Speaking of batteries and lifespan, typical flooded lead acid batteries might have a lifespan of anywhere from around 3-7 years. Much of the lifespan depends on two main factors: Quality of the battery and Proper care. Some people have used high quality, heavy duty forklift batteries in their renewable energy systems, and the batteries are still going strong over 20 years later. There are brands of batteries such as Surrette that make batteries with a lifespan possibility in the 10-20 year range. On the other hand, it's possible to use some cheap automotive type batteries that are not intended for deep cycling and have them fail in less than a year. Even the best quality batteries can be ruined with improper care such as: overcharging, undercharging, or neglecting to add water when the electrolyte levels get low. It has been said many times that a person's first set of batteries should be considered "learning" batteries. Many people learn valuable lessons in battery care and maintenance with that first set of batteries. In addition, many people also make mistakes that can shorten the life of the batteries. I made some big mistakes with my first battery bank. The biggest mistake I made was to purchase a set of batteries that sat for a long time. They were brand new Lifeline Concorde AGM batteries, but they sat in a warehouse for a long time. At the time I was purchasing them, I didn't know it, but I later found out from the date codes on the batteries that they were around 2 years old when I got them! This is not good! All batteries have a self discharge rate and even though AGM batteries have one of the lowest self discharge rates, 2 years is a LONG time to sit idle with not boost charge. The batteries sat in a discharged/drained state for a long time. As a result of my ignorance (I was trying to save money and got these batteries "cheap"), I ended up with a battery bank with sulfated batteries that have reduced capacity. I spent a lot of time and effort to try to desulfate and condition the batteries, and while that did help, they are still far from ideal. The batteries do not have full capacity as they should, and none of the batteries are perfectly matched to one another. They were all in slightly different states of sulfation after sitting for so long. The moral of the story is to make sure that you are getting factory fresh batteries. You don't want the headaches that come along with batteries that sat for too long!
A couple more tips related to renewable energy battery banks. First of all, you need to be aware that batteries have a limited number of cycles (discharging & recharging). The deeper you discharge the battery, then the lower the number of cycles that you can expect to get from any given battery. A good general rule is to not discharge a battery bank any more than 50%. In other words, you don't want to completely drain a battery before you recharge it. The deeper the batteries are discharged, then the less number of cycles a battery will give before failing. Another important tip in helping ensure longer battery life is to make sure that the battery is fully charged. A battery that is partially discharged and left that way for a long period of time can be permanently damaged and their lifespan & performance potential will be degraded. That's what I learned the hard way with my battery bank. To try to keep costs down, some people just choose go out and buy some relatively inexpensive golf cart batteries and consider that good enough. Golf cart batteries are designed for deep cycle usage and they can be a decent choice for some people with battery life expectancy of around 5 years with proper care. There are also sealed batteries like Absorbed Glass Mat (AGM) and Gel where the acid electrolyte is not in liquid form like in flooded lead acid batteries. In AGM and gel batteries, the electrolyte is captured in gel form or absorbed in mats located between lead plates in the case of AGM batteries. These sealed batteries are designed to require less maintenance and to produce less explosive hydrogen gas. As a result, sealed batteries are considered safer to be located inside, where as flooded lead acid batteries outgas much more flammable hydrogen and need to be located out in a place with adequate ventilation. Sealed batteries are also considered "maintenance free" and do not require adding water regularly like in flooded lead acid batteries. The downside of these sealed batteries is a much greater cost. You can easily pay double (or more) for a good quality AGM battery. In addition, these sealed batteries do not typically last as long as some premium flooded lead acid batteries, and they do not tolerate overcharging as well because there is no way to add water to a sealed battery that has gassed off excessively. Even though they are "sealed" batteries, there is still a safety vent on each battery that releases excessive pressure from inside the battery such as is caused when overcharging. These pressure regulated valves can be popped off and then allow hydrogen gas to vent off. Eventually, a sealed battery will dry out and be ruined if it outgases too much.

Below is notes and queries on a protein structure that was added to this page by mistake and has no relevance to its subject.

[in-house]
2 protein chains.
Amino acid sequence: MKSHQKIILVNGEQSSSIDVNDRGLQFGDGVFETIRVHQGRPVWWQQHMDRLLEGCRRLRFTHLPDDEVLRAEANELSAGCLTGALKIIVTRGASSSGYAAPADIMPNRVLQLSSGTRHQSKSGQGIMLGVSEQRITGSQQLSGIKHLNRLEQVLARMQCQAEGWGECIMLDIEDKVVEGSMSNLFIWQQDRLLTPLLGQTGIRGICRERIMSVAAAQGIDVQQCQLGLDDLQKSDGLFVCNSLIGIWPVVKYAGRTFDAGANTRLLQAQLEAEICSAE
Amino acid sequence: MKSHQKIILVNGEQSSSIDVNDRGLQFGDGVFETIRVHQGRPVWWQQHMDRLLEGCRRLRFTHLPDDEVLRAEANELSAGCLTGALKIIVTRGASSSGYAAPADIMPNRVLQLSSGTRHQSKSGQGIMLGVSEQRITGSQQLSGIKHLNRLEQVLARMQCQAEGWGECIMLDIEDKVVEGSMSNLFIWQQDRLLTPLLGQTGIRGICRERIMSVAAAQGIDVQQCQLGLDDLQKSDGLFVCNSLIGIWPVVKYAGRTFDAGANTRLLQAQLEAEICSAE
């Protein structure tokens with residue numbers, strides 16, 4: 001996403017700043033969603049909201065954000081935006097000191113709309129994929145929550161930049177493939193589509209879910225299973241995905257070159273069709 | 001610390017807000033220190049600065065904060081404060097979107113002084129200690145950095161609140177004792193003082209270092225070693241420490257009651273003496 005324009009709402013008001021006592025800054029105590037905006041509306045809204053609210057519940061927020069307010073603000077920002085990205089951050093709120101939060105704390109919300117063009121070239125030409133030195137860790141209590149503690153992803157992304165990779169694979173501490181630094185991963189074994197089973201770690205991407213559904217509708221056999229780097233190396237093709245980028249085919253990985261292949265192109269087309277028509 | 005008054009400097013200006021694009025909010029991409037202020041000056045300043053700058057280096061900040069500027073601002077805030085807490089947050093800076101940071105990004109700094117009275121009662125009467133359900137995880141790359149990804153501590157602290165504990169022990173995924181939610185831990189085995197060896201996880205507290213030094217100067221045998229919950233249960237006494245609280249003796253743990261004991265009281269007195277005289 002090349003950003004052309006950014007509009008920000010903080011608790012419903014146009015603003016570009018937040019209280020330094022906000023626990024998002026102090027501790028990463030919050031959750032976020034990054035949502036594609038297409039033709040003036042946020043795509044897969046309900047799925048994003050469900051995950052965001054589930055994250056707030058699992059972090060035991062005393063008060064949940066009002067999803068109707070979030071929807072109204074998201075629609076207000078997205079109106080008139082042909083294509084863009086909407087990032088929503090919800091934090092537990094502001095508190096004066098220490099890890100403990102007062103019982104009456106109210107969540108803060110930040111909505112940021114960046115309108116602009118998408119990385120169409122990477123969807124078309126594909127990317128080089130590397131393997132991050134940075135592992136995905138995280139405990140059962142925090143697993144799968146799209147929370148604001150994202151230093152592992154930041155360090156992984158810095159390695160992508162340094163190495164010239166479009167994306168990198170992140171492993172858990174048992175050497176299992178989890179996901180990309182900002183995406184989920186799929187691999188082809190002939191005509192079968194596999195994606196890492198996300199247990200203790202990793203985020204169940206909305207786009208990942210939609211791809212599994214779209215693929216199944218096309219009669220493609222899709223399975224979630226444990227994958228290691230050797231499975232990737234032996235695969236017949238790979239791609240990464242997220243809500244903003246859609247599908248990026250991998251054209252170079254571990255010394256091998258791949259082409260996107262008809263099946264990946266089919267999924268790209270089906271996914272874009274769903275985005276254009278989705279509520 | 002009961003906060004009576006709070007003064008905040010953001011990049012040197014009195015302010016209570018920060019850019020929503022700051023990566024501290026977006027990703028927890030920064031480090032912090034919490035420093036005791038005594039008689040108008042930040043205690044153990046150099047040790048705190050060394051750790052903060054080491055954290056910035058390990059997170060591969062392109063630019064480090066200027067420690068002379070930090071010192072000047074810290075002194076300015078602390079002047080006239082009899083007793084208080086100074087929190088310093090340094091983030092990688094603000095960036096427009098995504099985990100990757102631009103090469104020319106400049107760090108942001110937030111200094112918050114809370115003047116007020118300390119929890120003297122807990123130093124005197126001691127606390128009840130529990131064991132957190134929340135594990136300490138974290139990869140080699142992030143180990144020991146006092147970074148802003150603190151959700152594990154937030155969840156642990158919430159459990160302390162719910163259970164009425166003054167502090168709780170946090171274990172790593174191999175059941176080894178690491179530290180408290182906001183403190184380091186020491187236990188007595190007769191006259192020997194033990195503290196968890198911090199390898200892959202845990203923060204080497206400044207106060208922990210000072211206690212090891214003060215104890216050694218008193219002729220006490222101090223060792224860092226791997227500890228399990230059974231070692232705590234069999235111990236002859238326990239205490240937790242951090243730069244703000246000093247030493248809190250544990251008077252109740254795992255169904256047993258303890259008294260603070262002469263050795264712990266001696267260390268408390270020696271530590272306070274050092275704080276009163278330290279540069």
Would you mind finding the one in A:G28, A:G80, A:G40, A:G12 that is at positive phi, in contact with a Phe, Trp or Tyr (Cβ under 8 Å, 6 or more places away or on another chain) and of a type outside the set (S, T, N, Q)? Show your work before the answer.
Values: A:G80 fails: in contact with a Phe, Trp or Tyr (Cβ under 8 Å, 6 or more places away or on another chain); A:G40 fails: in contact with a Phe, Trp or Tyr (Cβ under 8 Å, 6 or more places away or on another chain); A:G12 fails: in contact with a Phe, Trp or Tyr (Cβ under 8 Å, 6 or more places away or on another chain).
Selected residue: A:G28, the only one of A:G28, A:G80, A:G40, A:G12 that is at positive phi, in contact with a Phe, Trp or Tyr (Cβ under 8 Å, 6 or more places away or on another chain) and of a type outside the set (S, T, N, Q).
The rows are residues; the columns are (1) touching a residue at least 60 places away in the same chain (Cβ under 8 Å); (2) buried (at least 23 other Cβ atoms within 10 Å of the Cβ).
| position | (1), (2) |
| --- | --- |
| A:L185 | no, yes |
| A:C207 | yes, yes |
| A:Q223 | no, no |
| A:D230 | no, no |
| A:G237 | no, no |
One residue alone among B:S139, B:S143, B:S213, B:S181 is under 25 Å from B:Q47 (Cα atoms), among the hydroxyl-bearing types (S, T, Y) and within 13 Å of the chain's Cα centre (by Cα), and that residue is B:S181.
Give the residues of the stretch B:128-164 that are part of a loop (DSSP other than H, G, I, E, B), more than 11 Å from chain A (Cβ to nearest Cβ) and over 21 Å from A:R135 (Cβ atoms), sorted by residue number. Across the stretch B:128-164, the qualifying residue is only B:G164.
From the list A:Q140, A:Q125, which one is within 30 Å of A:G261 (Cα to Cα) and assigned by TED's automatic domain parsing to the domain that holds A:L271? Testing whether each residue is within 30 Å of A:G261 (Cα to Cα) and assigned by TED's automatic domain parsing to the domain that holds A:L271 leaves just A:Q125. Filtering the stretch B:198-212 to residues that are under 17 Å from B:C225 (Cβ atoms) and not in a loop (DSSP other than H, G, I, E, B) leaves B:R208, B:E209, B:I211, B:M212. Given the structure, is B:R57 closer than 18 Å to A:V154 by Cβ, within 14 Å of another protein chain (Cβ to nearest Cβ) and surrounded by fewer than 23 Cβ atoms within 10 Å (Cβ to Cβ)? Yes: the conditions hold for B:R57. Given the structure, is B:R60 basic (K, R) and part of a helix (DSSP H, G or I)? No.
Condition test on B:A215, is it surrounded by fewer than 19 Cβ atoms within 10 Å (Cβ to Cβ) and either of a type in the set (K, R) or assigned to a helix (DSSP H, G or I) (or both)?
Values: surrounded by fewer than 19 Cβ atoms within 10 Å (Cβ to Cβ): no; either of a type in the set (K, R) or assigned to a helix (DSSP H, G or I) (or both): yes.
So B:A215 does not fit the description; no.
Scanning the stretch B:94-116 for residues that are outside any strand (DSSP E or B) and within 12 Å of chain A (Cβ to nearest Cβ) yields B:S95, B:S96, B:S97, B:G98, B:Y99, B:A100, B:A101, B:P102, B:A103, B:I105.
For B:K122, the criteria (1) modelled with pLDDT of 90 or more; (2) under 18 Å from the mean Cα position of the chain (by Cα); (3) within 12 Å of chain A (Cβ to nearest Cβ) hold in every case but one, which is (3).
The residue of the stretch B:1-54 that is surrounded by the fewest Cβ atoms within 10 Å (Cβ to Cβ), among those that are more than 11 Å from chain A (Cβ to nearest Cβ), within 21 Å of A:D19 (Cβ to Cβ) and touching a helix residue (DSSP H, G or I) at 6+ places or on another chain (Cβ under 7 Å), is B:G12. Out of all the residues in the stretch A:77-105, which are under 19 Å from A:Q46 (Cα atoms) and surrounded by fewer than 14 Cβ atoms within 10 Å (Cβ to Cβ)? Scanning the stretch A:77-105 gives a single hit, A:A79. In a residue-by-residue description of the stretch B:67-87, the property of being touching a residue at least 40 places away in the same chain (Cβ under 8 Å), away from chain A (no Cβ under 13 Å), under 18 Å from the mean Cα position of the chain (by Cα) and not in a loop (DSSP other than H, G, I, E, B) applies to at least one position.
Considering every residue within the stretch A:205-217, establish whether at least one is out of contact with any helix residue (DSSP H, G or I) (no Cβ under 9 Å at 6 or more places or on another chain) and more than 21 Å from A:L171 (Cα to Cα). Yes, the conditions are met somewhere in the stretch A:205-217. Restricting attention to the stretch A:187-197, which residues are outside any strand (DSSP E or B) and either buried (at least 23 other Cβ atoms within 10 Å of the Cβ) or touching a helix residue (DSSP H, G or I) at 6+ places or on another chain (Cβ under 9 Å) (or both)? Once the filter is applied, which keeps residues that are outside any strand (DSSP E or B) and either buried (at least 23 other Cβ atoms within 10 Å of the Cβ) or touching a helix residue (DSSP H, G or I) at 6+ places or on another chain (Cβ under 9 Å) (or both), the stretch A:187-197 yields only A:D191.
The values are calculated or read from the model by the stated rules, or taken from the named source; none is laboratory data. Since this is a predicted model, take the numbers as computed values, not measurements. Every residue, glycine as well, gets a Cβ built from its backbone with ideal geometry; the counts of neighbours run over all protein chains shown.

Mounting Evergreen Solar Panels on Shop with Unirac Rails (5 panels mounted, 5 to go)